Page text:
The company has more than US$585-million in cash on its balance sheet and will continue to operate its business in the normal course without material disruption to its vendors, partners or employees.

Whiting said it also reached an agreement with some of its creditors to lower its debt levels.

Caterpillar Inc. (CAT-N) dipped 4 per cent in the wake of saying late Tuesday it would withhold annual salary increases for senior executives, managers and salaried employees to contain costs due to the impact of the coronavirus epidemic on its business.

Caterpillar said while it does not yet know the full impact of the economic uncertainty on its business, it needs to act with a “sense of urgency” to respond to this “extremely challenging” situation.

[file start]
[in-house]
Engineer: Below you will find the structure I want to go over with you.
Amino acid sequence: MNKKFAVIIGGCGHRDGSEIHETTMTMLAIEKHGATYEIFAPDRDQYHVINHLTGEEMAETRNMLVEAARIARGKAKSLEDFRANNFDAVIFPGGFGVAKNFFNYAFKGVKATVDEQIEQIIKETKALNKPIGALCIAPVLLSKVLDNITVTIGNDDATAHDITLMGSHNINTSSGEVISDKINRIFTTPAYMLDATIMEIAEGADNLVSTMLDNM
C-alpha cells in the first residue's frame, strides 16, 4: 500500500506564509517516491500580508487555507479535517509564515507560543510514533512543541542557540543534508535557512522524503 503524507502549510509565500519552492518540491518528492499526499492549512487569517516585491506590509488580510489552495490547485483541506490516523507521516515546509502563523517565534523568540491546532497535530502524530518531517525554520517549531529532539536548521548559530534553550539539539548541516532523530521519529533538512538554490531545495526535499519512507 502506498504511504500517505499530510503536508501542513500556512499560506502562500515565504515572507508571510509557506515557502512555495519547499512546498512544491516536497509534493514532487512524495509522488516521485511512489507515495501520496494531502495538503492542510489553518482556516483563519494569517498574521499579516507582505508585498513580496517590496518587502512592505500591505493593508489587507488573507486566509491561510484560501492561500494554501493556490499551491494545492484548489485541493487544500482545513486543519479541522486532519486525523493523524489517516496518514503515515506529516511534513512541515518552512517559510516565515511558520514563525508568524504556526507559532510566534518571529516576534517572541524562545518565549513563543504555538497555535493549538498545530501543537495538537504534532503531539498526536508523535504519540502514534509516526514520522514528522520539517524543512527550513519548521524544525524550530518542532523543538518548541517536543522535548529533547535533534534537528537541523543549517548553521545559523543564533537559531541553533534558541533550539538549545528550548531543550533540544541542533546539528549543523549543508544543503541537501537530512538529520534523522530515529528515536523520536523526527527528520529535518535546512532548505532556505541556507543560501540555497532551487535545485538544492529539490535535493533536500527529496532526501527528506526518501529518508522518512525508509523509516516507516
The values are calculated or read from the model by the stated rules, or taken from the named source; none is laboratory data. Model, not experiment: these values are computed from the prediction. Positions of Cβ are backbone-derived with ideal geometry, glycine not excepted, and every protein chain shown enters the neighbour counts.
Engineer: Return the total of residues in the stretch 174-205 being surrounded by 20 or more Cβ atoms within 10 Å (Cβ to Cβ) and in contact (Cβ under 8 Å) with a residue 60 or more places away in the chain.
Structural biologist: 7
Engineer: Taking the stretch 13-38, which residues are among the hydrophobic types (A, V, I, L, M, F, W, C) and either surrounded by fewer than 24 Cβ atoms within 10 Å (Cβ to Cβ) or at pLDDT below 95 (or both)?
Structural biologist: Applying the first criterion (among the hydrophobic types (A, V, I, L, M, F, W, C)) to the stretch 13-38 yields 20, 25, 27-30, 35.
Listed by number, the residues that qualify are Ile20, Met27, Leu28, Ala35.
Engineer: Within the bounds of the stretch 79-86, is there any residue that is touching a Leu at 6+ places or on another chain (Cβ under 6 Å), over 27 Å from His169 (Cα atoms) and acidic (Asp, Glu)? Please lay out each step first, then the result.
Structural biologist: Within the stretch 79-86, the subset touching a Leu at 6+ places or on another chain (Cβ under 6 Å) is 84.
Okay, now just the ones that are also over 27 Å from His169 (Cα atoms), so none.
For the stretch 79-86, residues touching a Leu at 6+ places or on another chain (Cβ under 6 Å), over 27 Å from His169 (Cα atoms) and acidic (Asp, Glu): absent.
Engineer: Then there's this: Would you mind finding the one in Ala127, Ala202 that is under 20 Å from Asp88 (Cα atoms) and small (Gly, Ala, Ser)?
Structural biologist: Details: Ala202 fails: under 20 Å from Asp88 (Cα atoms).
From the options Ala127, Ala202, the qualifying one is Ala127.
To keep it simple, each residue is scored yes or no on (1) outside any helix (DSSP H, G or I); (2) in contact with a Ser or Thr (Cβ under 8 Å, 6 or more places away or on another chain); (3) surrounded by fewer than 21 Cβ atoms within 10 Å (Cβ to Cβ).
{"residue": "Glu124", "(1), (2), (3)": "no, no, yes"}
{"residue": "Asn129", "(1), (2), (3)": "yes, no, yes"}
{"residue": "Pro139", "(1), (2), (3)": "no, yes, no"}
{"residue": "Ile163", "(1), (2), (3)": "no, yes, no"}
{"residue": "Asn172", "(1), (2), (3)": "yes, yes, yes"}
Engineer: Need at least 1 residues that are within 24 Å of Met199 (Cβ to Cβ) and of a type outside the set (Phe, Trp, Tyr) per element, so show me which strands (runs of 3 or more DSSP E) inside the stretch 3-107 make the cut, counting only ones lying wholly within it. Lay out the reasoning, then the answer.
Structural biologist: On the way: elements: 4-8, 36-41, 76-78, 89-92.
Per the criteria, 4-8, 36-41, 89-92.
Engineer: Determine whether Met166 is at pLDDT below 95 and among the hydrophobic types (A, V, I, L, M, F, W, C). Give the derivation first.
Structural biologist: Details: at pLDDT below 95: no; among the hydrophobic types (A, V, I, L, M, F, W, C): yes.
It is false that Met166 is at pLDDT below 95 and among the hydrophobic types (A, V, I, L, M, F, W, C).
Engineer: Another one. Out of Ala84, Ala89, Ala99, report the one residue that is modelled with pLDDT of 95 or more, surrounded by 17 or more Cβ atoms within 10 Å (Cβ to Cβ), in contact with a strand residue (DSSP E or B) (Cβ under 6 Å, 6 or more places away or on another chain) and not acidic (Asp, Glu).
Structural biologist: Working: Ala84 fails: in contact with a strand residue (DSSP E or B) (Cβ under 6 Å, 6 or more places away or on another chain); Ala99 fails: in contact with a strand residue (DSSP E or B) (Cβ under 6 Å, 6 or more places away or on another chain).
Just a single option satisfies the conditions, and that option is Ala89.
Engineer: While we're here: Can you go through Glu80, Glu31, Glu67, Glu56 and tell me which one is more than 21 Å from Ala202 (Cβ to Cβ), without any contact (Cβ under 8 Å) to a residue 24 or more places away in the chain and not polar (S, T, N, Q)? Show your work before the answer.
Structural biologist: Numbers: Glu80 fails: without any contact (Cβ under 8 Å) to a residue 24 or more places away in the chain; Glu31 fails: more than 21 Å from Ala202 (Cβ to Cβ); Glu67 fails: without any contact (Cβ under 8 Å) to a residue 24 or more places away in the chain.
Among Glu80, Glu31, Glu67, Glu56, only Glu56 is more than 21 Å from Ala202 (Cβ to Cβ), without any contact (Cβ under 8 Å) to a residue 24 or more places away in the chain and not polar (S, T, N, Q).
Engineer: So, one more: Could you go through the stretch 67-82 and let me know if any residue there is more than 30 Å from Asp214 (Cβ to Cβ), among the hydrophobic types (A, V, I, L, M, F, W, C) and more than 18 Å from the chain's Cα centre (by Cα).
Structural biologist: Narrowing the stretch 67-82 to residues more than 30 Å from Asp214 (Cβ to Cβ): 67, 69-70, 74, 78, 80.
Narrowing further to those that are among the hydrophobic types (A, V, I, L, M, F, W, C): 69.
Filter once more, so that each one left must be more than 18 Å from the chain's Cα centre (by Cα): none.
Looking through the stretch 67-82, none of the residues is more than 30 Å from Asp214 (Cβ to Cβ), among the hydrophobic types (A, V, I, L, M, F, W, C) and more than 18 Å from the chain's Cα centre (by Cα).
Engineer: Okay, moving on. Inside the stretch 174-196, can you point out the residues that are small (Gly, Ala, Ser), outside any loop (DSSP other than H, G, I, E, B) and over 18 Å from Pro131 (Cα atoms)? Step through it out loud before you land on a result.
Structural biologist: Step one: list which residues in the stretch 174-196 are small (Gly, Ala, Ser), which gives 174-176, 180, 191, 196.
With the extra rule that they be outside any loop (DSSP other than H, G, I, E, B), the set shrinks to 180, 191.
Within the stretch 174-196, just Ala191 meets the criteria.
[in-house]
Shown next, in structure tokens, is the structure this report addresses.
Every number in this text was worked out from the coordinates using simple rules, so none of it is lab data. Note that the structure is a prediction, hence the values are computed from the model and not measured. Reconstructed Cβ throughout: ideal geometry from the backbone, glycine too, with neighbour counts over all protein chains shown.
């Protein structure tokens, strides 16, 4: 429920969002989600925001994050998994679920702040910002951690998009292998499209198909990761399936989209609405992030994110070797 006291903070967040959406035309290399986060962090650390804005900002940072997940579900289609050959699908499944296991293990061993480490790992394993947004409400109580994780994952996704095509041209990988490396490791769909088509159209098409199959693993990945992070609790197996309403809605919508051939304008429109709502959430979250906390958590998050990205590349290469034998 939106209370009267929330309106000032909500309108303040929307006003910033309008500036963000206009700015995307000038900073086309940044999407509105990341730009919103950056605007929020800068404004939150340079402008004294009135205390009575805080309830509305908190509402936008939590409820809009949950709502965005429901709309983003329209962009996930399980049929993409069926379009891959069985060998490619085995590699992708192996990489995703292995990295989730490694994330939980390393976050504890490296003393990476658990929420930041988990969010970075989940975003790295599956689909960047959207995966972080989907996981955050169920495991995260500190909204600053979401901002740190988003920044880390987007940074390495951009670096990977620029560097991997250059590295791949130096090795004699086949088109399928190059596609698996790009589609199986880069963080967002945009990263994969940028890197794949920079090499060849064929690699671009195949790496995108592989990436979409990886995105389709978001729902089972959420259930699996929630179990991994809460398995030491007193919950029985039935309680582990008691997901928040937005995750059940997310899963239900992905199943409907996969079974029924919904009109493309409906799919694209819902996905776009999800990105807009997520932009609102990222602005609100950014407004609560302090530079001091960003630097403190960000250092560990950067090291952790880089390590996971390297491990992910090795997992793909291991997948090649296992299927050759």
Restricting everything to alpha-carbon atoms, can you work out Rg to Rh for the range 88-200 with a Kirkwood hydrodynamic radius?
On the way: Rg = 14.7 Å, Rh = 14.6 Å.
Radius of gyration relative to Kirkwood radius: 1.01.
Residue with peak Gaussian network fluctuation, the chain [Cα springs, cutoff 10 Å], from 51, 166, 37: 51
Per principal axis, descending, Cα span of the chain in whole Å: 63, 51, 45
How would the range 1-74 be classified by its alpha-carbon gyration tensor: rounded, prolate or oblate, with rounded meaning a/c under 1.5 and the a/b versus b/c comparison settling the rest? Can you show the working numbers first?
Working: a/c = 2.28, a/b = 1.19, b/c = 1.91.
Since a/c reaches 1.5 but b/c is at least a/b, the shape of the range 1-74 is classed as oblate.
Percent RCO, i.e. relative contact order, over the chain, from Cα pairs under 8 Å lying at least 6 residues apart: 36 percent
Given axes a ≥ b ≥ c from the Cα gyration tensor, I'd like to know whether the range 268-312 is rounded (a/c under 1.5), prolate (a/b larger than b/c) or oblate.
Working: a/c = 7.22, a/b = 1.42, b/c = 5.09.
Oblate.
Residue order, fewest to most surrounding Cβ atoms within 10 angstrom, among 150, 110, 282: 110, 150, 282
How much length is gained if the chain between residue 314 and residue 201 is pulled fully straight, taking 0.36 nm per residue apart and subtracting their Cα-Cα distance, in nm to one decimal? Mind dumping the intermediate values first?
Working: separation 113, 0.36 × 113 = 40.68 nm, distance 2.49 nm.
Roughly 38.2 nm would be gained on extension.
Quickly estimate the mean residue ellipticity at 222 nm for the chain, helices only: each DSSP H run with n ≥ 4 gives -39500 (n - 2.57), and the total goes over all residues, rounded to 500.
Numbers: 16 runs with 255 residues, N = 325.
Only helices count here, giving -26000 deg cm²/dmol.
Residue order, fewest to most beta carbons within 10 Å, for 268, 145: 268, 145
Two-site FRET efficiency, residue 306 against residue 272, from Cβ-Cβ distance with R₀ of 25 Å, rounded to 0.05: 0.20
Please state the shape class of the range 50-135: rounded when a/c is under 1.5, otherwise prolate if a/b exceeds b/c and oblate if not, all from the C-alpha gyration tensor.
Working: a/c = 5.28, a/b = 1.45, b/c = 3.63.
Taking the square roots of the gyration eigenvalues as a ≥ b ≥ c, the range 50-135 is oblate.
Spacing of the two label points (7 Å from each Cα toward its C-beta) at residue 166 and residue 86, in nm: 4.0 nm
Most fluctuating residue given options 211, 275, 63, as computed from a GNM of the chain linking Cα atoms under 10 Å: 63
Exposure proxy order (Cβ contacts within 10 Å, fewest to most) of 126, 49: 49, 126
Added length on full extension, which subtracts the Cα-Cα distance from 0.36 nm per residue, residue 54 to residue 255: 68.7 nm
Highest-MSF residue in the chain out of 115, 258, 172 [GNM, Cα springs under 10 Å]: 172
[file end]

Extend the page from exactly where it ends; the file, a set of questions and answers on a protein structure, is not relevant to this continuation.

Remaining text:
“These decisions are difficult and were not made lightly,” the company said.

As a result, Caterpillar said it will not pay out bonuses to eligible employees next year.

Macy’s Inc. (M-N) slid 9.9 per cent after the S&P Dow Jones Indices said on Tuesday the retailer will be removed from the benchmark S&P 500 stock index, as coronavirus-induced store closures compound the retail sector’s struggles with a shift to online shopping.

The company’s shares have plunged more than 70 per cent so far this year, leaving Macy’s with a market value of US$1.52-billion as of Tuesday’s close, according to Refinitiv IBES data.

“Macy’s has a market capitalization more representative of the small-cap market space,” S&P said, adding that the company would become part of the S&P small-cap 600 index, effective April 6.

Macy’s will be replaced in the S&P 500 by air conditioning company Carrier Global Corp. (CAR-N), which was down 12.5 per cent.

With files from staff and wires